Finding The Time To Write

Ah-the question of the clock! It’s probably not to much of a stretch to assume you’re already busy with a million things, and yet you are driven to add “writing a book” to your schedule. How many people do you know who are attempting to “write a book” but never finish? In the interest of NOT becoming one of “those” people, setting a target date could be exactly what you need to keep you moving forward.

So our first question is- when would you like your book to be completed?

What will be different in your life or business once your book is published?

Is there anything in your life “on hold” until your book is published? Are there closed doors you would like opened, and you believe will be once your book is published?


While this may seem strange to begin at the end, focusing upon the way your life and work will be better AFTER you book is completed will help keep you focused upon the goal and get it written.

Once you have set a target date for completion-along with recognizing the benefits that will accompany the book’s completion and distribution (such as more clients, coordinating with a talk or workshop you’ll be giving, celebration of a work anniversary, etc.), you can work backwards and determine how much writing needs to be done weekly or monthly to reach this deadline.

For example, if your target completion date was 6 months away, you may consider the following timeline:

Month 1:  Complete the book outline, set up blank documents and write the book introduction and back cover material.

Month 2:Set up a writing schedule to complete 1 chapter or 2500 words weekly. (however your book is broken up best into smaller segments-the total divided by 20)

Month 3: Continue your writing schedule, while handing off finished sections to a friend or reader as you go, which will help keep you going.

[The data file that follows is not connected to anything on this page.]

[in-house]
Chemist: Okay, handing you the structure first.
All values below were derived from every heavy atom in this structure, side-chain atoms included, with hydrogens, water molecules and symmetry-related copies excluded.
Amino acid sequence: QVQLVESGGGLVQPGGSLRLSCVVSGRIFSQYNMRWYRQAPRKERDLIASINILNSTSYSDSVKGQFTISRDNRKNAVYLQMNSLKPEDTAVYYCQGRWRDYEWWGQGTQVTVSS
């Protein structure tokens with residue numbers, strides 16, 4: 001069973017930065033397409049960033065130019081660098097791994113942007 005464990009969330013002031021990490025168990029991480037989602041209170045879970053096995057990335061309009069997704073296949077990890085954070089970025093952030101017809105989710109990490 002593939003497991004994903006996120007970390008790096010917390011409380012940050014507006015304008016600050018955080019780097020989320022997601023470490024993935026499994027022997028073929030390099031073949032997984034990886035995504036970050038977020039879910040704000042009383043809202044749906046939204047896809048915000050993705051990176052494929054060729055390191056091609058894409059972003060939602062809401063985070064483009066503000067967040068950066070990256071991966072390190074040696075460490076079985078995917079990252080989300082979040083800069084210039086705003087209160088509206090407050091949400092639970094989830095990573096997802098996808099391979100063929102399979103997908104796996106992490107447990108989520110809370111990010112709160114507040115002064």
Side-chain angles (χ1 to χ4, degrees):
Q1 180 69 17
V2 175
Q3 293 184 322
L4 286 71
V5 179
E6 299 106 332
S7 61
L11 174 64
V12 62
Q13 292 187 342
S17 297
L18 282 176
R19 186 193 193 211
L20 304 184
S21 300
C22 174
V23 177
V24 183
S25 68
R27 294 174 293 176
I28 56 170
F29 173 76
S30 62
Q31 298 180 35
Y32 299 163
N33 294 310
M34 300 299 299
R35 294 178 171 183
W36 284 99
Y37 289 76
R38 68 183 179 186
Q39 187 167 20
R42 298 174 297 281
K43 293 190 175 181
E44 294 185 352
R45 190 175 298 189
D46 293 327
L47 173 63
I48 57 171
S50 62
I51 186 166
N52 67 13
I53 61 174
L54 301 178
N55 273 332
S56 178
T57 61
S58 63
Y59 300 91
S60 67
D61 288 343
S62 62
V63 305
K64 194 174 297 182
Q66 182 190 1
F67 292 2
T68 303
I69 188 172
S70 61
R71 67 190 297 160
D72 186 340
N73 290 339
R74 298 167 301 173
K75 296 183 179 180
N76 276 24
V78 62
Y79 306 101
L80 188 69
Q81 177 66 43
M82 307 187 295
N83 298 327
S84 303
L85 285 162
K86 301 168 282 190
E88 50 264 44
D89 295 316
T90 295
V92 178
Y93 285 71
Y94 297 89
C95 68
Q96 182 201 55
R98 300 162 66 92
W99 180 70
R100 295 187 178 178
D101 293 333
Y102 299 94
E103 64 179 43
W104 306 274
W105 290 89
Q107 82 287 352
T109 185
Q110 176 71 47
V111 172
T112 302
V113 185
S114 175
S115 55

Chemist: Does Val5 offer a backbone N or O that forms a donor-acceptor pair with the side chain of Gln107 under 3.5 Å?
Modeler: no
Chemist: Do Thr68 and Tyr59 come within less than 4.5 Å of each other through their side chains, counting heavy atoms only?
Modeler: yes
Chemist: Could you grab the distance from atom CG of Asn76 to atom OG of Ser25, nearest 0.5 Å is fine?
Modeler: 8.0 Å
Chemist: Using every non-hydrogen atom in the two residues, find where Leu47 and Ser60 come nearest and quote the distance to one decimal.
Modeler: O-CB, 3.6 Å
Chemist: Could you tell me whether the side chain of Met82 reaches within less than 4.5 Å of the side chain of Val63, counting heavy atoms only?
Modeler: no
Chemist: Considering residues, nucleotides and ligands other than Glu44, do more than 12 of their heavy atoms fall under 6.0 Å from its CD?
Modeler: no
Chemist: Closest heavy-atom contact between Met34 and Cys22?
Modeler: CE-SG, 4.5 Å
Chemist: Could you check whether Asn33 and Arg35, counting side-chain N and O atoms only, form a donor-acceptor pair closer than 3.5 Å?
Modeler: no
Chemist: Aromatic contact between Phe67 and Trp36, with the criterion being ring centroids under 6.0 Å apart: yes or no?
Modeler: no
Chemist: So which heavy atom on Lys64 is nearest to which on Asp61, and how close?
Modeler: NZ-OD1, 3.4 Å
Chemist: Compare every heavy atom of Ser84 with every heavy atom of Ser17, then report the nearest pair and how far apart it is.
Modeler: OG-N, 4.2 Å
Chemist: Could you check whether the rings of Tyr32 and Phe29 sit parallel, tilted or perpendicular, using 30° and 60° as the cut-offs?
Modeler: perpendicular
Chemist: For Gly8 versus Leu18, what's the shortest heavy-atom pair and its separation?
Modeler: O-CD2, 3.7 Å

Month 4:  Moving ahead, you may find yourself tweaking your daily schedule if some days are more productive than others. Probably a 3-4 day per week writing schedule would be the best so that you have alternate days off.

Month 5: The home stretch!! This month, you should be finishing up the body content of your book.

Month 6: The content may be done, but you will certainly want to read your manuscript yourself for tweaks and changes, as well as have someone else read it as well. If you are writing for a different audience than you own “type”, it would be wonderful if you had a reader who fit your target demographic reading along-even as far back as month 3-who is honest enough to offer suggestions and criticisms where needed.

When you divide your book into a timeline such as this, it becomes instantly more manageable. With your average 200 page book containing about 50,000 words, that divides into about 2,500 (or about 360 words a day, 7 days a week) over 20 weeks. With books on Amazon with titles such as How To Write 5,000 Words Per Hour!, 2,500 words per week is certainly attainable!


Leave a Comment